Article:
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Audi CEO arrested in Germany over dieselgate scandal and possible evidence tampering

audi ceo arrested

Well, it took three years but it looks like the repercussions of Volkswagen’s diesel emissions cheating is finally reaching the very top of the company’s ladders. Rupert Stadler, CEO of VW’s luxury brand Audi, has been arrested in Germany as part of the still-ongoing investigation into who was truly accountable for the decision to install cheat devices on diesel cars.

Stadler has been with Audi for 28 years, and CNN reports that his arrest was linked to possible “evidence tampering” associated with the investigation. The longtime Audi boss is officially the highest ranking employee of Volkswagen to be arrested thus far, and also had his home searched by investigators.

The arrest is just the latest bullet point on an extremely long timeline that began back in 2015. That’s when investigators discovered that many Volkswagen vehicles which ran on diesel had been equipped with “defeat devices.” The illegal hardware that was installed on the cars provided different emissions readings when being tested as opposed to when the car was being driven normally.

The sophisticated cheating system allowed the cars to recognize when its emissions were being tested and, when environmental agencies like the EPA brought them in for observation, the cars maximized clean emissions for the purposes of getting good scores. Then, when the car knew it was being driven under normal conditions, it would maximize performance at the expense of emissions, breaking a million rules in the process.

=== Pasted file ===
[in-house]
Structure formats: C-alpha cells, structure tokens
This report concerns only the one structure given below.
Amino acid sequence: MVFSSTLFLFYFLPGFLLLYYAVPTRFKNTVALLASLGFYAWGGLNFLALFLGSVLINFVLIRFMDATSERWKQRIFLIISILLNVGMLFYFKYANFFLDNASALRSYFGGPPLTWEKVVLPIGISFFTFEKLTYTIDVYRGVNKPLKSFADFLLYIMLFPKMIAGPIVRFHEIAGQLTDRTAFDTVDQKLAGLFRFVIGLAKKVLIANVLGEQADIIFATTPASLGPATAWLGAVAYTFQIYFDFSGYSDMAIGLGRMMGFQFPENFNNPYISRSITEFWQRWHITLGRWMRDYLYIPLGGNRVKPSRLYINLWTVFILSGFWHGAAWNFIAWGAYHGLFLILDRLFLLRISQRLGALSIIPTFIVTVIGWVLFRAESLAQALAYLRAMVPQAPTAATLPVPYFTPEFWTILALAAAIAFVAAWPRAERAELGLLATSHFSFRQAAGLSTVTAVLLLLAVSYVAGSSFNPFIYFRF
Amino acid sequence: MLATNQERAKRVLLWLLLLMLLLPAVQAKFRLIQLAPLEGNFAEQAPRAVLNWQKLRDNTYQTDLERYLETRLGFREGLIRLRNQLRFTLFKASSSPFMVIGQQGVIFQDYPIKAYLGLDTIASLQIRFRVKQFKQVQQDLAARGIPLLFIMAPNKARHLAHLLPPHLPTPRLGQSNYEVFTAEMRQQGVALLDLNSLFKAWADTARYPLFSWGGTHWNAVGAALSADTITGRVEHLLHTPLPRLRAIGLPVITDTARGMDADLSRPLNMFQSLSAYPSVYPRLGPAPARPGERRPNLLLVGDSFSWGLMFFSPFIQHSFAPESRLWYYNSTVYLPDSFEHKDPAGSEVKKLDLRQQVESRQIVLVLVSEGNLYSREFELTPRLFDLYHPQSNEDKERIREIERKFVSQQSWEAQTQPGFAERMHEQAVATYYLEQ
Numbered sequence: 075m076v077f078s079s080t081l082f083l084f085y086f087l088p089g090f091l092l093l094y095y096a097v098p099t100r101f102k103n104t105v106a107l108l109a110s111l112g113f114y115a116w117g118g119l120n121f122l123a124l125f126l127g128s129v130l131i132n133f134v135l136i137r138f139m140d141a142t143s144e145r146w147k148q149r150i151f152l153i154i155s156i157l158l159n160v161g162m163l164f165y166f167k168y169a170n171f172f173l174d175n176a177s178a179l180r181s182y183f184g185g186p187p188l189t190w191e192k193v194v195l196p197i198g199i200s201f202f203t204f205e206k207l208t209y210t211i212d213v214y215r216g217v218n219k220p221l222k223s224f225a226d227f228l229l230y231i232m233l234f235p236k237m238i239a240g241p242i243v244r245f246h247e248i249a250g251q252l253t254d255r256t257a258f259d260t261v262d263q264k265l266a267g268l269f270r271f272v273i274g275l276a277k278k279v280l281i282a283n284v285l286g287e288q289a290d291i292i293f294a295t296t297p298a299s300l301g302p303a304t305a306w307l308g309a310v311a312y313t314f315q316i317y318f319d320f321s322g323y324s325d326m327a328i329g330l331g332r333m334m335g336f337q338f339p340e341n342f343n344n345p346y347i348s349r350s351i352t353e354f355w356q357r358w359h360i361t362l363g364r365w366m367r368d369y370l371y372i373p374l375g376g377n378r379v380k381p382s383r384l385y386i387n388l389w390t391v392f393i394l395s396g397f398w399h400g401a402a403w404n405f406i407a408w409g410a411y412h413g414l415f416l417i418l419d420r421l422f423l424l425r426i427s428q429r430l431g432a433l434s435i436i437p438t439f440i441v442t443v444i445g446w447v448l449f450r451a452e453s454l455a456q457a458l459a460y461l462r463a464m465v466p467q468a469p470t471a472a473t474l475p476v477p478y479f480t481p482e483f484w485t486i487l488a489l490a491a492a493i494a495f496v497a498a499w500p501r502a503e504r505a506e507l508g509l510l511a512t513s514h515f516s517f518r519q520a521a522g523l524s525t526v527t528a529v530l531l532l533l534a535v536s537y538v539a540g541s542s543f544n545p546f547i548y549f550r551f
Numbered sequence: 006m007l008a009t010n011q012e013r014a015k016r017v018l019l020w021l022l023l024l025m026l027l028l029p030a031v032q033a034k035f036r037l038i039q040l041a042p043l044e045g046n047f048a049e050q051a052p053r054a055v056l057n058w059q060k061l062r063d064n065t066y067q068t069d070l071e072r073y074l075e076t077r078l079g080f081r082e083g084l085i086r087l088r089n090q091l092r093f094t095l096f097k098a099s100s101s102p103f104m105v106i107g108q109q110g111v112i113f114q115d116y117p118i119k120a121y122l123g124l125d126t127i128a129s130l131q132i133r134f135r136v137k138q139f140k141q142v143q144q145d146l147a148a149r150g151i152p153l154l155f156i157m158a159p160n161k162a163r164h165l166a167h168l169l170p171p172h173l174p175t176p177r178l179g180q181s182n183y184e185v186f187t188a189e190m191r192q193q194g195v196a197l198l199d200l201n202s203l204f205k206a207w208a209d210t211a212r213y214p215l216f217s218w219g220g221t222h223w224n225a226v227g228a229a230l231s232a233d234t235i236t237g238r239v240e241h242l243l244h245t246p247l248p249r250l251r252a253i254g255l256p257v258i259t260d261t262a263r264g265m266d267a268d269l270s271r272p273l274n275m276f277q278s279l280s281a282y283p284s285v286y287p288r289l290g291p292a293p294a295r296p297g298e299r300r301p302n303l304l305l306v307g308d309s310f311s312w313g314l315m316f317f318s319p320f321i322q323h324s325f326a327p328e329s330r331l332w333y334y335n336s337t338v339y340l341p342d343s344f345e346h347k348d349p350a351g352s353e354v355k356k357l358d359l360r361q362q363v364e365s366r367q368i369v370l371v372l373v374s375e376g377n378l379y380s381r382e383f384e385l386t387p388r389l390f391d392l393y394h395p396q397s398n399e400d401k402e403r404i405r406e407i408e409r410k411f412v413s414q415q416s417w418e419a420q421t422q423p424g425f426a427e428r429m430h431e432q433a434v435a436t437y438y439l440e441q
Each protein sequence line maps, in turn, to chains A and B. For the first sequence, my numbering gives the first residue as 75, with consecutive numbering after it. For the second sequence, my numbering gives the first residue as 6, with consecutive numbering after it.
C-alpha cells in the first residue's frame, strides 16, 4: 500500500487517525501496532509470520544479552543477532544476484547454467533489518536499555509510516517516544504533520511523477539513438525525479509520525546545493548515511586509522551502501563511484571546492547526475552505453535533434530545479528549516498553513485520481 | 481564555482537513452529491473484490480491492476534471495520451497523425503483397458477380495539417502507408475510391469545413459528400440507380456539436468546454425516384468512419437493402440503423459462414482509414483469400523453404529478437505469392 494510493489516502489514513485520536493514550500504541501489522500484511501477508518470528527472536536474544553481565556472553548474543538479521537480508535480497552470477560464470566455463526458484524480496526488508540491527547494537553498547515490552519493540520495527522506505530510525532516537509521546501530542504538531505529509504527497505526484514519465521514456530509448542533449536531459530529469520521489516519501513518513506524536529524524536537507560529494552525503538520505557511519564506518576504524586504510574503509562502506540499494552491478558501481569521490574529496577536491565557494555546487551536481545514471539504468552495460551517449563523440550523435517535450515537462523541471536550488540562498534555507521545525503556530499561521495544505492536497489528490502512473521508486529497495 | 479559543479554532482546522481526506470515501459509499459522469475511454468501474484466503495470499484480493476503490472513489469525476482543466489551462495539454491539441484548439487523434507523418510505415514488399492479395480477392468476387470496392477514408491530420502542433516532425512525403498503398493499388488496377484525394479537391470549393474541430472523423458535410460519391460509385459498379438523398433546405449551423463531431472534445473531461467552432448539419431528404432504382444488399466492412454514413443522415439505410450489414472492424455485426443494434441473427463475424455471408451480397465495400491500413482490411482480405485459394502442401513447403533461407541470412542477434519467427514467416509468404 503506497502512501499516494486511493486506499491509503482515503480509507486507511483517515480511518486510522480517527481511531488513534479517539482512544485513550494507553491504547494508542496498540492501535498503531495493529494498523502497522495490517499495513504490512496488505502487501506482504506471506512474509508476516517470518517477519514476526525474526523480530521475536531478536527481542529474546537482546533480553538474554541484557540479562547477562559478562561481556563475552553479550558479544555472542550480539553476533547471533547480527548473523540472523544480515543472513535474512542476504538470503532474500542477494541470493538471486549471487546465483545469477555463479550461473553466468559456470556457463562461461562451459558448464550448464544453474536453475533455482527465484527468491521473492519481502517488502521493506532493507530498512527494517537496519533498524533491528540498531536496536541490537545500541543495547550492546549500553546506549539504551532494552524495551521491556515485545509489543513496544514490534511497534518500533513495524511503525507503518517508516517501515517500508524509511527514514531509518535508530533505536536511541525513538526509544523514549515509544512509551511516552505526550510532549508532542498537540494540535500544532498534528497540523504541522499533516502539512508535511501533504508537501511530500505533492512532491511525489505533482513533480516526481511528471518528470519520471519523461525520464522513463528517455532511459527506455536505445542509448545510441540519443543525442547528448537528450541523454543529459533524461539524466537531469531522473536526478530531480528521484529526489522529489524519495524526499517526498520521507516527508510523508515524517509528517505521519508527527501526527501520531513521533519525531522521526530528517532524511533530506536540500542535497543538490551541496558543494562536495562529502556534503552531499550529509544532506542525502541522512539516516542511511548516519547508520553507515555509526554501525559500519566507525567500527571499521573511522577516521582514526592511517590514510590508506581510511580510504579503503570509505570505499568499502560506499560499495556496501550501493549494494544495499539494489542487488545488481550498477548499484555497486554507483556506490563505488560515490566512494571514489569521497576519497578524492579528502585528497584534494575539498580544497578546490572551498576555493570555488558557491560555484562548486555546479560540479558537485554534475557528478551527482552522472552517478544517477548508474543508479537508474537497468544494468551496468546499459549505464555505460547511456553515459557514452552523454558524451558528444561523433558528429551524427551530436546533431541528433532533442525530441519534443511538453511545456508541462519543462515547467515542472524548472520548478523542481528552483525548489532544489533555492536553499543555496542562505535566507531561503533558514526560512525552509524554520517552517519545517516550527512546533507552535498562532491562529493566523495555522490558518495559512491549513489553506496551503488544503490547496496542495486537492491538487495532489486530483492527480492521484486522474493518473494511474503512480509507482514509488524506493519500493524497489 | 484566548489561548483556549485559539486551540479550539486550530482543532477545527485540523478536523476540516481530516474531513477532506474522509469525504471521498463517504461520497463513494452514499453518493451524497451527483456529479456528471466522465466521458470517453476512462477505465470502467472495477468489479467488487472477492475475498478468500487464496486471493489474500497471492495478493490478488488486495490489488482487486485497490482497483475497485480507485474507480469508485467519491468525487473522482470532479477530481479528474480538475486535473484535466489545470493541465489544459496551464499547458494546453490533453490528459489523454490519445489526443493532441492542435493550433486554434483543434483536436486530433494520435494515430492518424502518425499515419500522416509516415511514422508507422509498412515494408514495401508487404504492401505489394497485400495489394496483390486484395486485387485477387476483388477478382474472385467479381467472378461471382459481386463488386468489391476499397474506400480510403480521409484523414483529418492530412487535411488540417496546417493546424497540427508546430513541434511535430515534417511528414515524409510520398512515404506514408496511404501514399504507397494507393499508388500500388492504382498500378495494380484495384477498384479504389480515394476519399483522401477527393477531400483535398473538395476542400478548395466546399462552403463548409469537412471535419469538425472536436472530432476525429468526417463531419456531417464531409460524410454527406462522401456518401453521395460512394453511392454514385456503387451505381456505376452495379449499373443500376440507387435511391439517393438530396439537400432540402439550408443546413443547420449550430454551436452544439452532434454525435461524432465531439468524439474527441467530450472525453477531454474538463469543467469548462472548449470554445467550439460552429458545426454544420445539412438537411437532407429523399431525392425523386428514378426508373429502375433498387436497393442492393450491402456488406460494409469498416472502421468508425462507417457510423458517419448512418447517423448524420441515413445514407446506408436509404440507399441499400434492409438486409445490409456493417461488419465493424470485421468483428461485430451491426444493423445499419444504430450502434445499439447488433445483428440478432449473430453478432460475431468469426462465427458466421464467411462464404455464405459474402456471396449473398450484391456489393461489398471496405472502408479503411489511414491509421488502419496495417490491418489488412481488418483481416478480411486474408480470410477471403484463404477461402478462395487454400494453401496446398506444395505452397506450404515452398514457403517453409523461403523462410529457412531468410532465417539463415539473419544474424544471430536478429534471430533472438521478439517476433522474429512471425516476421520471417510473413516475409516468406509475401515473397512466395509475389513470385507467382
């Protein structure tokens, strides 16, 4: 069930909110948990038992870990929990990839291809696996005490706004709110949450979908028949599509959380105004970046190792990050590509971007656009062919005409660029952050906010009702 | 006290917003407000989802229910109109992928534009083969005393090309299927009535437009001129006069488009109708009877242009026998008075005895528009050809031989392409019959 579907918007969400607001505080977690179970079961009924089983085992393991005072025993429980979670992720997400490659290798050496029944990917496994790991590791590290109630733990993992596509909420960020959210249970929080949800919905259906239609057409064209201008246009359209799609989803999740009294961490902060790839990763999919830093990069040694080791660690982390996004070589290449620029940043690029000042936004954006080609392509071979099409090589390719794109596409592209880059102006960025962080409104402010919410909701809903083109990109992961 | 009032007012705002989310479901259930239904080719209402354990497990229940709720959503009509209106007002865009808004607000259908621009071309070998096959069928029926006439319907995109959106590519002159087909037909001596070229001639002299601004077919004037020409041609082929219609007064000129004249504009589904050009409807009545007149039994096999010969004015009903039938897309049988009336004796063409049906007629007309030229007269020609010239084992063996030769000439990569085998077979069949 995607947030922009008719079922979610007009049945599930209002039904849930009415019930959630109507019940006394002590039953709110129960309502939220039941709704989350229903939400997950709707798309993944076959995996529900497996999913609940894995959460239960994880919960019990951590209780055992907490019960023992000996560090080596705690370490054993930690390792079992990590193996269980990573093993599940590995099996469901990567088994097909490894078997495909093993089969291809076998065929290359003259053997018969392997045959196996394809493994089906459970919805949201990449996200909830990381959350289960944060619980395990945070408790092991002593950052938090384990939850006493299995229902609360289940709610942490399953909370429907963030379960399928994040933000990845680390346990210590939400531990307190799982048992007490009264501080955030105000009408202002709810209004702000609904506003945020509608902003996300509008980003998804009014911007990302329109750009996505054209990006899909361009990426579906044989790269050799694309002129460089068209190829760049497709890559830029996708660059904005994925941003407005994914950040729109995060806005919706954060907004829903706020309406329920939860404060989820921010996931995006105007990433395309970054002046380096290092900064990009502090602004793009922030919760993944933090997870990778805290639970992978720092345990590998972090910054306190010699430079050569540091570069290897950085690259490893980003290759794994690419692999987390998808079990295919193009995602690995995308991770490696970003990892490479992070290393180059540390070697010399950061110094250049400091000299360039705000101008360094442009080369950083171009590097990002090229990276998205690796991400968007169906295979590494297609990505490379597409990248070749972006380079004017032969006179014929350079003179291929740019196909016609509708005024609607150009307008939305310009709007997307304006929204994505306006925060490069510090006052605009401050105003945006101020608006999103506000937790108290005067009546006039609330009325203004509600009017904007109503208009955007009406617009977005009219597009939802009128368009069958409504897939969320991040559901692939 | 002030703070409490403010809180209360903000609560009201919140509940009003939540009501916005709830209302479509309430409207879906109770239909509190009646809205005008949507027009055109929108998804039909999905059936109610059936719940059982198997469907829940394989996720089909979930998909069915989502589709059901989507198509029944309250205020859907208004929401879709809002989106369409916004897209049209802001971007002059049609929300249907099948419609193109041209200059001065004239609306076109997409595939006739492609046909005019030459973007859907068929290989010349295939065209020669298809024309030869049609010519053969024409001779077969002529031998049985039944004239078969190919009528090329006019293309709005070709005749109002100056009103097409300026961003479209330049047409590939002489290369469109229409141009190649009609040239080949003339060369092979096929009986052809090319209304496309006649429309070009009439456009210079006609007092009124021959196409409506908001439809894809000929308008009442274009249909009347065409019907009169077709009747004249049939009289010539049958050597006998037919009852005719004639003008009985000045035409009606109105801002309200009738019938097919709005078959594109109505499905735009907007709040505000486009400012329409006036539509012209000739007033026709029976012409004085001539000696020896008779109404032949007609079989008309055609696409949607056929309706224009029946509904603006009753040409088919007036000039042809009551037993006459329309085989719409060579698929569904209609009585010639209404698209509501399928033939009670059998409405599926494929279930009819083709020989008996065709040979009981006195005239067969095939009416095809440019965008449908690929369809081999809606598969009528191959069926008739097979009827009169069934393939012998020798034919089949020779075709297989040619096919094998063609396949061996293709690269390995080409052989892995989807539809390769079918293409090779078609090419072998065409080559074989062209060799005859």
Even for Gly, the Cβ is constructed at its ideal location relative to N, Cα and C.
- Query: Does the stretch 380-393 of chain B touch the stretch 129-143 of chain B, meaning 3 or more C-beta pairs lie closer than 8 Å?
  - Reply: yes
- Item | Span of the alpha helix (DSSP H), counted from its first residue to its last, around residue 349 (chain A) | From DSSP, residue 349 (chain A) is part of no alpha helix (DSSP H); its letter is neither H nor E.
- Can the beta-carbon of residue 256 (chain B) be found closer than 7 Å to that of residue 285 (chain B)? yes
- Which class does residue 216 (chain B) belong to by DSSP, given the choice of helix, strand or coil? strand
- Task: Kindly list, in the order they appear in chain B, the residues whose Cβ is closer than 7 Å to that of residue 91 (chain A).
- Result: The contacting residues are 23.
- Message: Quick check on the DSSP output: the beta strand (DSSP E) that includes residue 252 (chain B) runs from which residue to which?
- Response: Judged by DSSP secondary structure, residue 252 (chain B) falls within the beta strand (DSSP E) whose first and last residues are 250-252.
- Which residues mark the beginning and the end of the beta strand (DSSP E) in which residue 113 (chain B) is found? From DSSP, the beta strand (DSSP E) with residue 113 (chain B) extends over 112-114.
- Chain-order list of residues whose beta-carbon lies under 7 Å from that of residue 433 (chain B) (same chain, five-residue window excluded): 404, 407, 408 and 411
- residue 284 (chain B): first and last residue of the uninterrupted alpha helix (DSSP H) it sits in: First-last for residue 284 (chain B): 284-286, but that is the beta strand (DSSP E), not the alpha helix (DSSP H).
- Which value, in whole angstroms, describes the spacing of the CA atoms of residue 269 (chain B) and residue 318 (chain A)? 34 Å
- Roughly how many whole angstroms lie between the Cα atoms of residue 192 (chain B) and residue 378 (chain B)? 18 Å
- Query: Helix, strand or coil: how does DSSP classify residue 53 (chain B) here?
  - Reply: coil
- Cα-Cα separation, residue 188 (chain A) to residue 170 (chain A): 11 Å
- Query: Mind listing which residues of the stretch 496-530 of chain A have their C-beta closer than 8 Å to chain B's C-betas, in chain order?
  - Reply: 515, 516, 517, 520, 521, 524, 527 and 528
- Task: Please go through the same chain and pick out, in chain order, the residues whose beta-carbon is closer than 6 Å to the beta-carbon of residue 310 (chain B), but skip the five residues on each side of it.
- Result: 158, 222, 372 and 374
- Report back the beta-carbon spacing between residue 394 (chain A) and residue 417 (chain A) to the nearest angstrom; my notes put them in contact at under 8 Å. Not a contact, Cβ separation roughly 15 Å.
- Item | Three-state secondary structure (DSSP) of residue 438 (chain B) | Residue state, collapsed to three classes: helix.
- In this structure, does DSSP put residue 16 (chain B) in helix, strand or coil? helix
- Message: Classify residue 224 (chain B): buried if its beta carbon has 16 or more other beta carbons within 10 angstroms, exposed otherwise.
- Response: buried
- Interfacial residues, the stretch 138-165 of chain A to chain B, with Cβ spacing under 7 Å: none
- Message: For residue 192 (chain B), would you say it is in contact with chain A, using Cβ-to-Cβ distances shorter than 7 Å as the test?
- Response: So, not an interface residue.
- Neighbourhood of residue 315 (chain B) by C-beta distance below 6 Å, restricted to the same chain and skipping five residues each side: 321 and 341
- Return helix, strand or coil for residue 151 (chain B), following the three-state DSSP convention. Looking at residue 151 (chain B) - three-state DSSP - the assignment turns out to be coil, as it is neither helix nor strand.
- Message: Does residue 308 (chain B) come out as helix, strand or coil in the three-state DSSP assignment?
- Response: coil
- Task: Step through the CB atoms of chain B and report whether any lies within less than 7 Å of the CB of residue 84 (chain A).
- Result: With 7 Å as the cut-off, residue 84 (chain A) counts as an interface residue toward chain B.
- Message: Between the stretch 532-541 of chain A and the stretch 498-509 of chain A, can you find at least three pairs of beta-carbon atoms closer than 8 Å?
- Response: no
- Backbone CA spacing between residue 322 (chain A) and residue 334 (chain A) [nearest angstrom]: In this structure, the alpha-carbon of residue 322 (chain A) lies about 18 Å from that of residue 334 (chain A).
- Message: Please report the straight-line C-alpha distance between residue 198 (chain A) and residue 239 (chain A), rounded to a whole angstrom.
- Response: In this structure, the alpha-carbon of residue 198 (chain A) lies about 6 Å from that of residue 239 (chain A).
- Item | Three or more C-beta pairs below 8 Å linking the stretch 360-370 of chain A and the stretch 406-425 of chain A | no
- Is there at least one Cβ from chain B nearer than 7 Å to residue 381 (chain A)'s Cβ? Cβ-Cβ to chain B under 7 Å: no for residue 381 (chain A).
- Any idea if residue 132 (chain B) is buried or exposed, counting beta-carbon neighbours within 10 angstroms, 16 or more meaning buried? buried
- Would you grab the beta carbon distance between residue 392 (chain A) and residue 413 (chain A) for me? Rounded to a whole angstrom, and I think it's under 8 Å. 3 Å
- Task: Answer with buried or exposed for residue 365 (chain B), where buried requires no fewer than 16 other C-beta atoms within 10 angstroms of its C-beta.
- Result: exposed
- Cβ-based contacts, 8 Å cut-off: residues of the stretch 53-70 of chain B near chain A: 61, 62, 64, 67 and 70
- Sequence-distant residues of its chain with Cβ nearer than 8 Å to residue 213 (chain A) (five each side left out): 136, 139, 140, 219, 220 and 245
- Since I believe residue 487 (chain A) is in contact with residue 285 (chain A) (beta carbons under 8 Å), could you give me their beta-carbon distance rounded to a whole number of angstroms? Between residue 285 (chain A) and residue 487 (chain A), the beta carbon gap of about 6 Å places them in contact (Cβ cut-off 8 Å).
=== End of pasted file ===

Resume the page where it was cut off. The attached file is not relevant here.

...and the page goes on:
Volkswagen was forced to offer a full refund to anyone who had purchased a vehicle that had the cheat device installed. Combined with the fees, settlements, and associated costs, the entire scandal has ended up costing the company somewhere around $30 billion. The company plead guilty here in the United States, and VW has a massive collection of now-worthless vehicles that it has to deal with.

The fate of Audi CEO Stadler and his ultimate role in the whole emissions cheating affair remain to be seen, but he’s likely not the last high-profile VW exec that will end up in handcuffs.